If you received a paper copy of these materials, the proxy materials also include a proxy card or voting instruction form. A proxy statement is a document that SEC regulations require us to give you when we ask you to sign a proxy designating individuals to vote on your behalf. A proxy is your legal designation of another person to vote the stock you own. That other person is called a proxy. If you designate someone as your proxy in a written document, that document also is called a proxy or a proxy card. We have designated two of our officers as proxies for the 2018 Annual Meeting of Stockholders. These two officers are Edward S. Knight and Joan C. Conley. The form of proxy and this proxy statement have been approved by the Board and are being provided to stockholders by its authority.

2. What different methods can I use to vote?

You can vote by any of the following methods.

By Internet. The notice of internet availability of proxy materials contains the website address www.proxyvote.com) for internet proxy submission. Internet proxy submission is available 24 hours a day until 11:59 p.m. (EDT) on April 23, 2018. You must enter your control number, which is printed in the lower right hand corner of the notice of internet availability and you will be given the opportunity to confirm that your instructions have been properly recorded.

By Telephone. In the U.S. and Canada, you can vote your shares by calling +1 800 690 6903. Telephone proxy submission is available 24 hours a day until 11:59 p.m. (EDT) on April 23, 2018. When you submit a proxy by telephone, you will be required to enter your control number. You will then receive easy-to-follow voice prompts allowing you to instruct the proxy holders how to vote your shares and to confirm that your instructions have been properly recorded. If you are located outside the U.S. or Canada, you should instruct the proxy holders how to vote your shares by internet or by mail.

By Mail. If you choose to submit a proxy by mail after requesting and receiving printed proxy materials, simply complete, sign and date your proxy card and return it in the postage-paid envelope provided.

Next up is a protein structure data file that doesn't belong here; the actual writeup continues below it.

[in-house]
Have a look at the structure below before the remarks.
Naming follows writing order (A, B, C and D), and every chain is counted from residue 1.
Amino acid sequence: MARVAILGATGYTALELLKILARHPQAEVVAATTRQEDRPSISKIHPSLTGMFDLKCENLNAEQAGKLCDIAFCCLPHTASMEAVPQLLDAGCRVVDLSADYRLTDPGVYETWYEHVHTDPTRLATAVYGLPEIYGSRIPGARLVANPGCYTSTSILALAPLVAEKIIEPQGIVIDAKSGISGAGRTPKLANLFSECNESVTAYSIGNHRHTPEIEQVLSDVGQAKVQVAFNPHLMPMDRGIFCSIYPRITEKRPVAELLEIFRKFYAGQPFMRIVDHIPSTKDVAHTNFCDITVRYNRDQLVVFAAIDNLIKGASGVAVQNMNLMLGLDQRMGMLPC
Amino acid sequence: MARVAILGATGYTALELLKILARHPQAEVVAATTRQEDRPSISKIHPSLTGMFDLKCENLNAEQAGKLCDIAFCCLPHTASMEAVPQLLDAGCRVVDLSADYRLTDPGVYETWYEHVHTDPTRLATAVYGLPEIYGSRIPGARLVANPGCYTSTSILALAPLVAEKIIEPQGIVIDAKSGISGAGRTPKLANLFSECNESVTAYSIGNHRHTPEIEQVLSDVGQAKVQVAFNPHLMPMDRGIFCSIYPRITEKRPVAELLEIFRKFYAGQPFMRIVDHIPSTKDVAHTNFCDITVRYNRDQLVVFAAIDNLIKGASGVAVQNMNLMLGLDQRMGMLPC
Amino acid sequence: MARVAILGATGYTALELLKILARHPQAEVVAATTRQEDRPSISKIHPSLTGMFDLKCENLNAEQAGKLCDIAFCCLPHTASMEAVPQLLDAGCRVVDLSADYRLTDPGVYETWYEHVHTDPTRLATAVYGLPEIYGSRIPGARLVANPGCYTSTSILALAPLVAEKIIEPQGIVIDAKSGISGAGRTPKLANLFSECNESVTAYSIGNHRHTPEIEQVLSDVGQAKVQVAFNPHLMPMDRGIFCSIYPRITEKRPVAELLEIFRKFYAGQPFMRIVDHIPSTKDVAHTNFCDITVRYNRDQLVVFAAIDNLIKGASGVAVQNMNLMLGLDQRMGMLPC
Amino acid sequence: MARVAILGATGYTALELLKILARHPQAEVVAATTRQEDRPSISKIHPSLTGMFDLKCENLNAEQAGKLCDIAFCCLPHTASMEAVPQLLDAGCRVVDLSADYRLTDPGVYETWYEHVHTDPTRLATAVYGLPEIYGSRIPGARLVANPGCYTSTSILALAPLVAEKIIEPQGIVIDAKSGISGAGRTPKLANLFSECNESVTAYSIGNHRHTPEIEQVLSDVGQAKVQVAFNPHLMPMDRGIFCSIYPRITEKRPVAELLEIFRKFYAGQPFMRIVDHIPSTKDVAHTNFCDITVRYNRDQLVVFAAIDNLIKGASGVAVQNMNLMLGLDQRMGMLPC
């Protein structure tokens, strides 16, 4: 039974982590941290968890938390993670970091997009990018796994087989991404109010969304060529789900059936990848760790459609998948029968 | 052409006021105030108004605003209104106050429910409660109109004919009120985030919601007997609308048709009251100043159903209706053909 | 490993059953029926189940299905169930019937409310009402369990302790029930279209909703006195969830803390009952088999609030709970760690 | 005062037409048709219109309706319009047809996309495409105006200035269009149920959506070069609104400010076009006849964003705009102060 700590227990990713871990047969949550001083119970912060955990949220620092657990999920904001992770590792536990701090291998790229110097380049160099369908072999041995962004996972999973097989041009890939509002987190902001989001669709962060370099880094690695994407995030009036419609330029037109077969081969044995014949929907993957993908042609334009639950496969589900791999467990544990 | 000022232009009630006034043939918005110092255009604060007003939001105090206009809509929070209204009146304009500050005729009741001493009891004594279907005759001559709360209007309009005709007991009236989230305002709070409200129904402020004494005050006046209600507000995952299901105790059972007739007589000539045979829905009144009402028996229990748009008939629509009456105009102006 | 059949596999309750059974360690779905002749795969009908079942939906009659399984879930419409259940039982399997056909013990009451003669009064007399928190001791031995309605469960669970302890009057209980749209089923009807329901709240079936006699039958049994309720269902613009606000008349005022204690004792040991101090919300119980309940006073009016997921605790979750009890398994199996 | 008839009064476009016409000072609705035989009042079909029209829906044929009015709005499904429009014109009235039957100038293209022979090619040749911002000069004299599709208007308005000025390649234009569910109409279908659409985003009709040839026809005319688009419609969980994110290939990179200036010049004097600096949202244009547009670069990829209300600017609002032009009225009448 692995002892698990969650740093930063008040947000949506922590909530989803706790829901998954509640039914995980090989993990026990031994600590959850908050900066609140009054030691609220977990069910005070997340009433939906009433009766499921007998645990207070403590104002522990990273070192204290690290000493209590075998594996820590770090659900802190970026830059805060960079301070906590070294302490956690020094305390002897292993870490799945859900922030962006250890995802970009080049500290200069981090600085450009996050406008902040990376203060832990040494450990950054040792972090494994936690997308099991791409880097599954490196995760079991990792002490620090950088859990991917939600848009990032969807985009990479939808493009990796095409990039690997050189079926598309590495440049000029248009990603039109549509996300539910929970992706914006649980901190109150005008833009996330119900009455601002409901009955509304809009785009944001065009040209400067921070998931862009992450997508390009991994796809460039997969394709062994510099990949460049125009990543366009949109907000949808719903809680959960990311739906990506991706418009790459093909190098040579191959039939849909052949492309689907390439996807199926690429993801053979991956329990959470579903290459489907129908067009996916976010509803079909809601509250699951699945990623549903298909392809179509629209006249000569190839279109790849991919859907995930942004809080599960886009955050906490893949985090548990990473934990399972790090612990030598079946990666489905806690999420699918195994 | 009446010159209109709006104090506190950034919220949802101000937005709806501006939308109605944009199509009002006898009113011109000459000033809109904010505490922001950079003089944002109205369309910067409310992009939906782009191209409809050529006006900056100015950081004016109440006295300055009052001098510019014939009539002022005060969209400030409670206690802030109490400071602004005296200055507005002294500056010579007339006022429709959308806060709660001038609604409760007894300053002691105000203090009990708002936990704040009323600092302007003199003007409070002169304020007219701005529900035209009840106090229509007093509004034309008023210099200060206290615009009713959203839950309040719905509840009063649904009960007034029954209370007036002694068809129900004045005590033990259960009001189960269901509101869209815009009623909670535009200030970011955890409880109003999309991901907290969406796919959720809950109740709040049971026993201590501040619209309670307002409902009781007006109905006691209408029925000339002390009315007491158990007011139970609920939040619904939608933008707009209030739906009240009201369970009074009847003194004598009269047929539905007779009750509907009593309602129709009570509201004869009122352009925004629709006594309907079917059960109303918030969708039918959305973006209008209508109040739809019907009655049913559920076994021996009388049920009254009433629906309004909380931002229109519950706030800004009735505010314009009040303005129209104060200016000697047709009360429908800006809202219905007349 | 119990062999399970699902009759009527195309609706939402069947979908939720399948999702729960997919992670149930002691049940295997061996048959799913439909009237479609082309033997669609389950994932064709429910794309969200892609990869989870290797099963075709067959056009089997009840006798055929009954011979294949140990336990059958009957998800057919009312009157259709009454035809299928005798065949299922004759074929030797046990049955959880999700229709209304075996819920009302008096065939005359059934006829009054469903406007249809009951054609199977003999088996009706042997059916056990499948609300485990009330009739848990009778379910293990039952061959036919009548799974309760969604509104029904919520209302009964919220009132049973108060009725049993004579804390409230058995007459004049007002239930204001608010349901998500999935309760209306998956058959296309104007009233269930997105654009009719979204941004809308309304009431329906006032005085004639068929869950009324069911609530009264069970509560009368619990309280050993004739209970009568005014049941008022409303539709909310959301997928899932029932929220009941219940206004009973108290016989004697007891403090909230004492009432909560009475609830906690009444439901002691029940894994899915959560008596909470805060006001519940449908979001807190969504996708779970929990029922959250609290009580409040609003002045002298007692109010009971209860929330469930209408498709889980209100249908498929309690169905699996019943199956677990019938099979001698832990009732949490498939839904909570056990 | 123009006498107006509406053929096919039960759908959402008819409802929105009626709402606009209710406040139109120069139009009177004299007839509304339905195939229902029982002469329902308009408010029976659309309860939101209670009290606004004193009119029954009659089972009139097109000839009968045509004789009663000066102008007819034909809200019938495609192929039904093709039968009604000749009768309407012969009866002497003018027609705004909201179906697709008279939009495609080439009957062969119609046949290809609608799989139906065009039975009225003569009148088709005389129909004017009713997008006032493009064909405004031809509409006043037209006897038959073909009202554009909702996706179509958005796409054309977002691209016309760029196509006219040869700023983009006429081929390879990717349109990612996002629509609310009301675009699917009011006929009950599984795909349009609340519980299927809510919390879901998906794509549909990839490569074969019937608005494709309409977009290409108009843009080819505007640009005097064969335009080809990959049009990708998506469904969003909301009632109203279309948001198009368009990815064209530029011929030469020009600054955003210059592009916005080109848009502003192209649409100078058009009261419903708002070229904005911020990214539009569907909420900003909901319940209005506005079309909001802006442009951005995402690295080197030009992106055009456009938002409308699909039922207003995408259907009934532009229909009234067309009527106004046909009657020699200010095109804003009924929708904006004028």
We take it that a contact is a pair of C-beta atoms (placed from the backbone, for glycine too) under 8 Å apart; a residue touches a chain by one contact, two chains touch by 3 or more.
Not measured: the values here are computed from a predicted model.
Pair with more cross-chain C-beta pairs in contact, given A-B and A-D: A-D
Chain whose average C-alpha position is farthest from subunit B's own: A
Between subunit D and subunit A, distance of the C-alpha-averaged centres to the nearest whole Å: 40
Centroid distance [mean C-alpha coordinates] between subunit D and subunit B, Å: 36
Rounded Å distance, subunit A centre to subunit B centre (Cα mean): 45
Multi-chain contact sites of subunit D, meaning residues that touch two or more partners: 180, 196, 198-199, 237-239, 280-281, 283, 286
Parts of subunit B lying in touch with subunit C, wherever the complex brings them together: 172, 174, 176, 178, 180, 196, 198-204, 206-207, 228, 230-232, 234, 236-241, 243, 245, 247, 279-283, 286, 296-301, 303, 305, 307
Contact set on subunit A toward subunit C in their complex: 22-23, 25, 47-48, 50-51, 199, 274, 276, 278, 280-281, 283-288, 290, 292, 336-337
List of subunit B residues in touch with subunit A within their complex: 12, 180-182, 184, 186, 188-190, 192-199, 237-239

In Person at the Annual Meeting. All stockholders may vote in person at the Annual Meeting. If you wish to attend the Annual Meeting, you will need to follow the instructions set forth in the answer to the next question.

3. What do I need to do to attend the Annual Meeting?

If you wish to attend the Annual Meeting, you must be a stockholder on the record date and request an admission ticket in advance by visiting www.proxyvote.com and following the instructions provided (you will need the 12 digit number included on your proxy card, voter instruction form or notice). Tickets will be issued only to stockholders. Requests for admission tickets will be processed in the order in which they are received and must be requested no later than 11:59 p.m. (EDT) on April 23, 2018. Please note that seating is limited and requests for tickets will be accepted on a first-come, first-served basis.

At the meeting, each stockholder will be required to present valid picture identification, such as a driver’s license or passport, with their admission ticket.
If you are a beneficial owner of Nasdaq shares held by a bank, broker or other nominee, you also will need proof of ownership to be admitted to the meeting. A recent brokerage statement or letter from the bank, broker or other nominee is an example of proof of ownership. If you want to vote in person and your Nasdaq shares are held by a bank, broker or other nominee, you will have to obtain a proxy, executed in your favor, from the holder of record.

Directions to the Annual Meeting are available on our Annual Meeting Information webpage. Cameras (including cell phones with photographic capabilities), recording devices and other electronic devices will not be permitted. You may be required to enter through a security check point before being granted access to the meeting.

Stockholders may submit written questions in advance of the meeting by visiting our stockholder forum at www.proxyvote.com.

4. What is the difference between holding shares as a stockholder of record and as a beneficial owner?